Since cannabis still remains illegal in most countries, 420 also has a political aspect. These numbers advocate both the legalization and decriminalization of cannabis.
Celebrated all around the world, April 20th is one of the most important counterculture events.
In countries where weed is still banned, citizens often engage in civil disobedience on 420, by consuming cannabis in public.
Street signs (primarily mile markers) that bear the 420 number are also regularly stolen. Some departments of transportation companies go so far as to change the signs. They usually replacing it with a sign that reads 419,99. in an attempt to avoid future theft.
420 is a symbol frequently referenced in popular culture.
The 420 numeral is also frequently referenced in popular culture. In Tarantino’s cult classic “Pulp Fiction”, most of the clocks and watches shown in the film show the time at exactly 4:20 pm.
Don’t forget to celebrate the cannabis plant this year, and have a happy 420!
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It all started in 1979 on a small Hawaiian island, with a group of promising students and athletes that would hang out after school, riding in a Volkswagen van.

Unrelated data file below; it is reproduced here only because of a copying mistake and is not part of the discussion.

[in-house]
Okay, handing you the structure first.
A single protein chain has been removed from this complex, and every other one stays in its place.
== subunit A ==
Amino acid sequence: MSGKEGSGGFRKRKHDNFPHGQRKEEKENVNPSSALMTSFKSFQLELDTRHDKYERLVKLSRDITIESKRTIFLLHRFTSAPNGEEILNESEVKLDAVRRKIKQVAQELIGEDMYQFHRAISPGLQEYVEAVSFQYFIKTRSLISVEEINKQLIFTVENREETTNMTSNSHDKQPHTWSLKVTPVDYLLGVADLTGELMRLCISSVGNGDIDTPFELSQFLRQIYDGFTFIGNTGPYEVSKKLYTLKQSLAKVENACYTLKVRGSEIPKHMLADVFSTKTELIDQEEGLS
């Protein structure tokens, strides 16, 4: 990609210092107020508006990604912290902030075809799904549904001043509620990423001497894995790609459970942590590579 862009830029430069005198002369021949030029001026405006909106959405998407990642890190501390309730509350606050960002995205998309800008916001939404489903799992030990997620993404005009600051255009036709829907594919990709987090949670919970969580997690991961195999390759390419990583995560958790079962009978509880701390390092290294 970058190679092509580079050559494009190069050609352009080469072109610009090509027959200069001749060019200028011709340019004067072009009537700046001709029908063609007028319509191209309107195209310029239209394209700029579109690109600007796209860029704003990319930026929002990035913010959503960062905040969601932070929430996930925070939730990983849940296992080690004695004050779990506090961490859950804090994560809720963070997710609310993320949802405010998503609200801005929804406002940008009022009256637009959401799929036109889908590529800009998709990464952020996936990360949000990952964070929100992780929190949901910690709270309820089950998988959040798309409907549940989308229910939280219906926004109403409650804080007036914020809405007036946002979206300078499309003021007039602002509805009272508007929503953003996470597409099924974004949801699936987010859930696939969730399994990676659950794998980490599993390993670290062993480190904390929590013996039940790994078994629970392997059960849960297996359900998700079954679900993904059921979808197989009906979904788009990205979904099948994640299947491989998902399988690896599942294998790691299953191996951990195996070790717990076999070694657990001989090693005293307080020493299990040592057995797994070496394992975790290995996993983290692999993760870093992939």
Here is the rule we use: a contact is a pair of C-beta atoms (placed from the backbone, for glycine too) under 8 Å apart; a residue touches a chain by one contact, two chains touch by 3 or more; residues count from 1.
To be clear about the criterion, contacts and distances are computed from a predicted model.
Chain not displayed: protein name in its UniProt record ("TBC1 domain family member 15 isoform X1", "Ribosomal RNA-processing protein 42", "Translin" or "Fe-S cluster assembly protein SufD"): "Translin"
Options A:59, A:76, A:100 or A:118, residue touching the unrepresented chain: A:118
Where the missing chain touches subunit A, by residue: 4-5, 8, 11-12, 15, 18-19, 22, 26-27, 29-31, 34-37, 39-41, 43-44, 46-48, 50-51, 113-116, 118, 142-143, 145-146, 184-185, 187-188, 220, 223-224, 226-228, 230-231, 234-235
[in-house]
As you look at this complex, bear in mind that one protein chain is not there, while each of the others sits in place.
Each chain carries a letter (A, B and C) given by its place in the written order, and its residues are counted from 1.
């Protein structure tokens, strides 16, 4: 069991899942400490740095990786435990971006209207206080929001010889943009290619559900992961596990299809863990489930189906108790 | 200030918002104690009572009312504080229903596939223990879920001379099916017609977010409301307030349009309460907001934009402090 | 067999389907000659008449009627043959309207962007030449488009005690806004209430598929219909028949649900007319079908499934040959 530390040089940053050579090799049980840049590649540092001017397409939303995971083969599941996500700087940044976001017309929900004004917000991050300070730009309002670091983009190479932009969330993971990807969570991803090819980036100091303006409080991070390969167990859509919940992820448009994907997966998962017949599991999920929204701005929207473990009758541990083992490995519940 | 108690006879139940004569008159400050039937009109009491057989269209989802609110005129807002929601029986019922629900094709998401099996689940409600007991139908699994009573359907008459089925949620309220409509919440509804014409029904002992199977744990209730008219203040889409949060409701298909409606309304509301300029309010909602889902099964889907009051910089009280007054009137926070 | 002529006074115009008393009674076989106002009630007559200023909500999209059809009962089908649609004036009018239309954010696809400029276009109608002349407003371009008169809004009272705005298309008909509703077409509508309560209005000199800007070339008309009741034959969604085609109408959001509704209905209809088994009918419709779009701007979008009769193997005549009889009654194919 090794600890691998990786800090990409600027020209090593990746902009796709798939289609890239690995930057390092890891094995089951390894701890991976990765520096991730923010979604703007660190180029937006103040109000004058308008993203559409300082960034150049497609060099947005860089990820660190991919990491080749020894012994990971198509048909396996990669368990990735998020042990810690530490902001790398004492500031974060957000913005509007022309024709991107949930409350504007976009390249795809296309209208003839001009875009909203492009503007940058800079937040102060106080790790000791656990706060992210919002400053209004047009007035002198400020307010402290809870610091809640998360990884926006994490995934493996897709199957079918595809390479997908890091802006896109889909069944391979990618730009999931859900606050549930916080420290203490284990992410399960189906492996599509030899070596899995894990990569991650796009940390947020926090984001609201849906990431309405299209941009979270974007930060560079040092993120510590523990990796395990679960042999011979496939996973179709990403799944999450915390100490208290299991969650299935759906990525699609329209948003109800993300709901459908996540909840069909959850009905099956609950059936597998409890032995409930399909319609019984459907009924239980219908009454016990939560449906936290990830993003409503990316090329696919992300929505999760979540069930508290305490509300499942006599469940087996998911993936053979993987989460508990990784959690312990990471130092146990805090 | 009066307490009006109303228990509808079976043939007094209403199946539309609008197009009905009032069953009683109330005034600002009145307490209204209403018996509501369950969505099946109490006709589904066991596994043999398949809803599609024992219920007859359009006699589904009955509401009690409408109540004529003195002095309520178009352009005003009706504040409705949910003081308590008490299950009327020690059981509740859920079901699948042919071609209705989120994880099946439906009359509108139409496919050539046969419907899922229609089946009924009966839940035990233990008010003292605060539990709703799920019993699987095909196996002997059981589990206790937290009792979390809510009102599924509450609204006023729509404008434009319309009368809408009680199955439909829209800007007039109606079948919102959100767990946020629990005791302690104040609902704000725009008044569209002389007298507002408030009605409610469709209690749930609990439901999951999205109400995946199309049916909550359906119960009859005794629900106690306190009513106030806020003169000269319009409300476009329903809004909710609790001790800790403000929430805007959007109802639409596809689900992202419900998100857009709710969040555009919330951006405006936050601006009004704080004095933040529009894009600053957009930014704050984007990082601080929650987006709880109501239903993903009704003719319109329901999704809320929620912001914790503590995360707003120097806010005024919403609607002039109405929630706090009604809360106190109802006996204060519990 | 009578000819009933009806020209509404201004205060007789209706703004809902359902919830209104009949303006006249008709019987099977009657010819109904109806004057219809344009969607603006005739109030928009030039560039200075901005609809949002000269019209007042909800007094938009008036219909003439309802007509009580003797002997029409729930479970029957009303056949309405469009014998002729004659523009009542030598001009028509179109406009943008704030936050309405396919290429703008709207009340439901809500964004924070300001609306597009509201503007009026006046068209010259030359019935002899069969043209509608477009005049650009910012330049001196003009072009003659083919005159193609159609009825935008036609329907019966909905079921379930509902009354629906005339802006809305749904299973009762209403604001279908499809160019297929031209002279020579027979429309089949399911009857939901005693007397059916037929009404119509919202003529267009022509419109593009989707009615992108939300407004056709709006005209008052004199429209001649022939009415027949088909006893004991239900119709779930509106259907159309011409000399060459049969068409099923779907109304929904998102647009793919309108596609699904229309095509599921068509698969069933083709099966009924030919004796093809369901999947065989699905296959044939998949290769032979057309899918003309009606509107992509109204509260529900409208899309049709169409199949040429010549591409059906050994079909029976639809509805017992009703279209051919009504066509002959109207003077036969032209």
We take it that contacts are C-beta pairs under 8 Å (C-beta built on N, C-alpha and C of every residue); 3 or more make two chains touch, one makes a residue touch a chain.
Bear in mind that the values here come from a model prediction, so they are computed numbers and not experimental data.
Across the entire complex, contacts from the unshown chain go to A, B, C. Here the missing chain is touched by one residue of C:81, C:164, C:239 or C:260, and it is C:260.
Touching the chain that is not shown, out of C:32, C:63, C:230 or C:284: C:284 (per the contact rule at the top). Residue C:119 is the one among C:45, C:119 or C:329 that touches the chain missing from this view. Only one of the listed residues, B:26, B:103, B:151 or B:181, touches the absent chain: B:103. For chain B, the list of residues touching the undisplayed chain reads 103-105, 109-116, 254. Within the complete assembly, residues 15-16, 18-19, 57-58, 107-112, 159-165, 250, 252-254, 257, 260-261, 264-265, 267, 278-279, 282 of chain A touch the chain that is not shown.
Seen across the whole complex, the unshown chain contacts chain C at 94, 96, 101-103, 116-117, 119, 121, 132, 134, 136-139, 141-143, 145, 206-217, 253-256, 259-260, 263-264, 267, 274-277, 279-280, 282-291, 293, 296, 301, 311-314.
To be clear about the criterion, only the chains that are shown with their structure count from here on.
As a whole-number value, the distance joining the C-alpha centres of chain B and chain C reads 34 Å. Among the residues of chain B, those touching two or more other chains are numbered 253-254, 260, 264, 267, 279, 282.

This group of friends loved to indulge in Pakalolo (noun: the Hawaiian word for cannabis) – or as locals called it: Choom. They named themselves the “Choom Gang” and would go on to influence our world as successful lawyers, entrepreneurs, and even the 44th president of the United States.
But back then, it was never about the future, it was about good people sparking ideas, sharing adventures, and cultivating good times.
1. Please consume responsibly.
2. When canning any food at home (e.g. cannabutter or canna-oil) you should be very careful since there can be a risk of the appearance of toxin that can lead to botulism, a very serious illness. This happens when food is canned, processed, stored or handled. Bacteria that cause botulism can very quickly grow in cannabis edibles that are made at home. Bacteria can cause botulism poisoning which is a very serious illness that affects the body’s nerves and produces serious health consequences.